Let nothing disturb you.
Let nothing make you afraid.
All things are passing.
God alone never changes.
Patience gains all things.
If you have God you will want for nothing.
God alone suffices.
-St. Teresa of Avila´s bookmark
Every year on October 15th I like to recount the story of why I was named Theresa. My mother named me after St. Teresa of Avila because she was furious at God when I was born with a cleft palate and hare lip. The horror and the shock she felt upon seeing me ushered forth a deep anger within Mommy, and she lost all control over her emotions and questioned everything she knew and believed in. The nun at the hospital tried to counsel my mother, and began with a story about Teresa of Avila: after getting stuck in the mud after the wheel of her carriage fell off, St. Teresa shouted up to God “If this is how you treat your friends, it is no wonder you have so many enemies!” and that pretty much sums up what my mother did as well.
Growing up in Mexico in the 1970s meant a greater importance was given to the feast day rather than the birthday of a person. The saint you are named after will more or less determine your characteristics we were told. Nomen ist omen, as the saying goes. My parents were all too happy to adopt this tradition, especially Mommy, so October 15th became a tradition in my family and I was not about to complain about celebrating a birthday AND a feast day! Those days are long gone and nobody in my family remembers this anymore, as if the tradition died with Mommy.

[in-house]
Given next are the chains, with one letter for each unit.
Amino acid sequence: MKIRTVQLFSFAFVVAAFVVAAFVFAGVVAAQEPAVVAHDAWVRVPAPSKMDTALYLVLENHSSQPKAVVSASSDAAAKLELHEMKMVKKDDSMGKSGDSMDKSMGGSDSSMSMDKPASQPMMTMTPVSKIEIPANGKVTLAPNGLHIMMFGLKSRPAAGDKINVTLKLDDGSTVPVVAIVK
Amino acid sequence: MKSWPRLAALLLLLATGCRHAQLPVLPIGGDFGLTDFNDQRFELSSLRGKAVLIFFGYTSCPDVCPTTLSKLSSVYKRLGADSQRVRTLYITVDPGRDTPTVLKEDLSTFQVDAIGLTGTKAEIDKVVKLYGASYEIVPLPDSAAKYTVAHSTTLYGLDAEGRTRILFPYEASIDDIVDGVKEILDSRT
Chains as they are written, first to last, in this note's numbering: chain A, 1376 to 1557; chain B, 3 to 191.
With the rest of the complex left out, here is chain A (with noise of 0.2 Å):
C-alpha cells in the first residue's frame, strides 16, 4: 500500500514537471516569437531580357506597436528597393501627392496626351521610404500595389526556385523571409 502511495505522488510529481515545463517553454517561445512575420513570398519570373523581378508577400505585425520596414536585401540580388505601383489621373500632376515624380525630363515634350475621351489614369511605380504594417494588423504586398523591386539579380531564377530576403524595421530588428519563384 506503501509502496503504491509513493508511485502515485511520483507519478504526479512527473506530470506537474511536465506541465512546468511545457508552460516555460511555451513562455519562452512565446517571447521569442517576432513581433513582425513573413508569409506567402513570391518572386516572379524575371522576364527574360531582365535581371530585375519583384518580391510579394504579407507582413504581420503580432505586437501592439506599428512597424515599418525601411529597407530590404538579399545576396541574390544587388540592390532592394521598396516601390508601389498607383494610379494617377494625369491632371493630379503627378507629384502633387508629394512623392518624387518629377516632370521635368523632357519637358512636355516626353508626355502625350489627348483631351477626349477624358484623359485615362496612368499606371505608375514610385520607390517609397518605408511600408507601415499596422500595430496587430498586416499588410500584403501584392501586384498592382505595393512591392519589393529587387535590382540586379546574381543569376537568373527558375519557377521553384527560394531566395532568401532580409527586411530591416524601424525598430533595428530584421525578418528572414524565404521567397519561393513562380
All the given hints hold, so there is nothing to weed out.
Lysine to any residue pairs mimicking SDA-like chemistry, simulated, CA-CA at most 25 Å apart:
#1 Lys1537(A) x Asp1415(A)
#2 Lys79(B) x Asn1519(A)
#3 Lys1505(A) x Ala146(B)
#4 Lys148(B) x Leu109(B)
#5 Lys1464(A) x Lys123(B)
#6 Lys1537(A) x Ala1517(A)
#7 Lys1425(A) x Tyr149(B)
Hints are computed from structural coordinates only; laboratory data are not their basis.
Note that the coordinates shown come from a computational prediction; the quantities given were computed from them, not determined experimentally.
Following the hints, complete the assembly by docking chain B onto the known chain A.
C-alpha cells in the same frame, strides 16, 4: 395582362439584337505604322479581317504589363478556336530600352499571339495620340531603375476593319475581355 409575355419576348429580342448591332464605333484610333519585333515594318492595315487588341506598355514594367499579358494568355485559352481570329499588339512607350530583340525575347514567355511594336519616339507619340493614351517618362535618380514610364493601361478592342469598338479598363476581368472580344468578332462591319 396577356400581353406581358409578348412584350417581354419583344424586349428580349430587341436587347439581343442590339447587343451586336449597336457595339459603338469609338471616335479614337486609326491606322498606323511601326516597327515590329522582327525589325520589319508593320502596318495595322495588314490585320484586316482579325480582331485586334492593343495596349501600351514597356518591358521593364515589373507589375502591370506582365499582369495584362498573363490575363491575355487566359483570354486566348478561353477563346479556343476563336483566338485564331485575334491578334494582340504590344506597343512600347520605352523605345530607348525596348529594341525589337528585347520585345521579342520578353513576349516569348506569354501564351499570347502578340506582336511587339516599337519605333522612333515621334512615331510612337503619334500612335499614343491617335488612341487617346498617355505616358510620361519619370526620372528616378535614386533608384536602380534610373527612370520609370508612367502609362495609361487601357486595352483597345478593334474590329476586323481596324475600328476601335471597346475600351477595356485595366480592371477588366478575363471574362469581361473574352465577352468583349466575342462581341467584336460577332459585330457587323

Each day since the beginning of the pandemic restrictions that began in March, I read the news with horror and frustration, wondering where all this will lead to, what it means to us as individuals, and what the outcome will be on societies as a whole and nations. I sound like a broken record, even to myself, when I say that leadership at all levels is being tested beyond any textbook, families ties are being put to the test, our ability to be responsible citizens and good neighbours is also being put to the greatest test of all.
We began this bizarre journey of uncertainty and transition in spring, a season of hope and renewal, the eternal covenant of nature with life, an affirmation of the cycle of life. Where are we now? In autumn, in yet another transition, in a situation far worse than anyone could have ever predicted or imagined, and facing the second wave of the pandemic. What lies ahead? The bareness and naked truth of winter, an exposition of the core, and the true test of inner strength.
It is days like these, when my FrogDiva core slips and stumbles due to numerous circumstances, that I turn once again to St. Teresa of Avila and her wisdom.
All things are passing.
I look around my surroundings, watching as the leaves fall to the ground and expose the branches and trunks of the trees. In the same manner, all our trappings have fallen wayward, and our core strengths revealed. For some of us it is the first time we come face to face with the naked stranger of the authentic self, and we have every reason to be concerned.